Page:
Interview FAQs

17th September 2015
Are you the best person for this job? Why?

A typical interview question, asked to get your opinion, or to validate the interviewer's opinion, on why you would be the best candidate for the position, is "Why should we hire you?"

The best way to respond is to give concrete examples of why your skills and accomplishments make you the best candidate for the job. Take a few moments to compare the job description with your abilities, as well as mentioning what you have accomplished in your other positions. Be positive and reiterate your interest in the company and the position.

 

Describe yourself

You walk into the interview room, shake hands with your interviewer and sit down with your best interviewing smile on. Guess what their first question is? "Tell me about yourself."

Do you "wing it" and actually tell all manner of things about yourself? Will you spend the next 5 minutes rambling on about what an easy-going, loyal, dedicated, hard working employee you've been? If this is the case, you stand a good chance of having bored your interviewer to death thus creating a negative first impression.

Because it's such a common interview question, it's strange that more candidates don't spend the time to prepare for exactly how to answer it. Perhaps because the question seems so disarming and informal, we drop our guard and shift into ramble mode. Resist all temptation to do so.

Your interviewer is not looking for a 10-minute dissertation here. Instead, offer a razor sharp sentence or two that sets the stage for further discussion and sets you apart from your competitors.

 

Tell me something about yourself

This is a good opportunity used at the interview to break the ice by getting you to give a run down of your self. You should take 2 to 3 minutes to describe briefly about yourself, your personal interest,academic achievements, work history and experience.

 

Your Unique Selling Proposition (USP)

Give them "your synopsis about you" answer, specifically your Unique Selling Proposition. Known as a personal branding or a value-added statement, the USP is a succinct, one-sentence description of who you are, your biggest strength and the major benefit that a company will derive from this strength. Here is an example of a Unique Selling Proposition: "I'm a seasoned Retail Manager strong in developing training programs and loss prevention techniques that have resulted in revenue savings of over $2.3Million for (employer's name) during the past 11 years."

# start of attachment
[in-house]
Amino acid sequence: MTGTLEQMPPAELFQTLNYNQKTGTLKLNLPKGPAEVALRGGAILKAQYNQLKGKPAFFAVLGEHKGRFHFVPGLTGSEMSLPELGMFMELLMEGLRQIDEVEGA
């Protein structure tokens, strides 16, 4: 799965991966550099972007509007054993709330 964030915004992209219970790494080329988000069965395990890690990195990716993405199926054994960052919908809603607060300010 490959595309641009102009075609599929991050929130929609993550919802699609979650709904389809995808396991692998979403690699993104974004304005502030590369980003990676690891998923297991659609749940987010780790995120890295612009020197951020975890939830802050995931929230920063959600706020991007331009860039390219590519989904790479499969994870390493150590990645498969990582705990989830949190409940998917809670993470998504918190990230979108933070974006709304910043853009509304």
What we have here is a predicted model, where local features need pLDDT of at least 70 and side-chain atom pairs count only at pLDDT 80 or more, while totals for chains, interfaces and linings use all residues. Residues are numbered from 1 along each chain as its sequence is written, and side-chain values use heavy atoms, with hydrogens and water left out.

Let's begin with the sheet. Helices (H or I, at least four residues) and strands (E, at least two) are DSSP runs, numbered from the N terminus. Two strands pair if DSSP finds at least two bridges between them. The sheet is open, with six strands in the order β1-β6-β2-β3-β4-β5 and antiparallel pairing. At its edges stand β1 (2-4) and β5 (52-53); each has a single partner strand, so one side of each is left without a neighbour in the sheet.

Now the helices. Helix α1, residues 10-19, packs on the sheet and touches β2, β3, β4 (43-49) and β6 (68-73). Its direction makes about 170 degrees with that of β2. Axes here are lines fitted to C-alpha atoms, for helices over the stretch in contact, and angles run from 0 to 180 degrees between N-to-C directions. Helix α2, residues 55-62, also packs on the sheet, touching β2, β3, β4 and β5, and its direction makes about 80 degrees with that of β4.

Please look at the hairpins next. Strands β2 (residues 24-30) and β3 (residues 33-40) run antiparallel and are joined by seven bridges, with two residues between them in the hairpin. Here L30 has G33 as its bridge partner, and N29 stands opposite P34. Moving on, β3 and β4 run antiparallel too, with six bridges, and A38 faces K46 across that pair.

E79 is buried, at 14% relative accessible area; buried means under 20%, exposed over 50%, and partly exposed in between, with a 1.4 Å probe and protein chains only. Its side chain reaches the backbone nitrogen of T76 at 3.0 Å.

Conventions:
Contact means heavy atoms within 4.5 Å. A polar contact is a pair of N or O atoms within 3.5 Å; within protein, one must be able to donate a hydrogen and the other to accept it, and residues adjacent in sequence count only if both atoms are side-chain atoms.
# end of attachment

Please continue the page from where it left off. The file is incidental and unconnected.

What a difference you've made with this statement. Your interviewer is now sitting forward in her chair giving you her full attention. At this point, you might add the following sentence: "I'd like to discuss how I might be able to do something like that for you." The ball is now back in her court and you have the beginnings of a real discussion and not an interrogation process.

 

Be Specific

The key is that you must lead with your strongest benefit to the employer. Be specific and don't wander about with some laundry list of skills or talents. Be sure to put a monetary value on your work if at all possible and be ready with details when you're called upon. Give an estimated value to the $$ you've either helped to make or save for your employer.

 

Be Prepared

When you walk into an interview, remember to always expect the "tell me about yourself" question. Prepare ahead of time by developing your own personal branding statement that clearly tells who you are, your major strength and the clear benefit that your employer received. The advantages of this approach are that you'll quickly gain their attention and interest them in knowing more. You'll separate yourself from your competitors. You'll also have a higher chance of being positively remembered and hired.

 

Are you overqualified for this job?

Overqualified? Some would say that I'm not overqualified but fully qualified. With due respect, could you explain the problem with someone doing the job better than expected?

 

Are you willing to travel?

When you are asked about your willingness to travel during an interview, be honest. There's no point in saying "yes" if you would prefer to be home five nights a week.

It is perfectly acceptable to ask how much travel is involved. That way, you can weigh how much you would need to be on the road and make an educated decision as to whether the amount of travel required fits in with your lifestyle.

What's most important is to get a good understanding of what's involved before you are offered the job, rather than being (unpleasantly) surprised after you have already been hired.

 

Describe your work style

When you are asked about how you work during an interview, it's important to impress the interviewer with your comptentency and accuracy, rather than just your speed.

Here are sample answers to the interview question "How would you describe your work style?"

  • I am very focused on my work, and consequently, am able to work quickly.
  • I keep a steady pace, and check my work as I go along, to prevent mistakes from snowballing.
  • Because I am very organized, I am able to accomplish a lot in a limited amount of time.
  • I'm organized and efficient and I'm able to multi-task very well.
  • I'm always on top of my projects, but I do welcome input and will consult with team members to ensure we're all on the same track.

 

Why do you want to join this company?

This is one of the usual questions that would be asked during the interview to gauge your intention for joining the company. Interviewers will read between the lines in your answers to gauge your real intention for applying for the job. It is therefore advisable to think carefully before answering as many job applicants would change job just to get a raise in salary! This is especially reflected in your resume when you have changed jobs quiet frequently.

← Back to Resources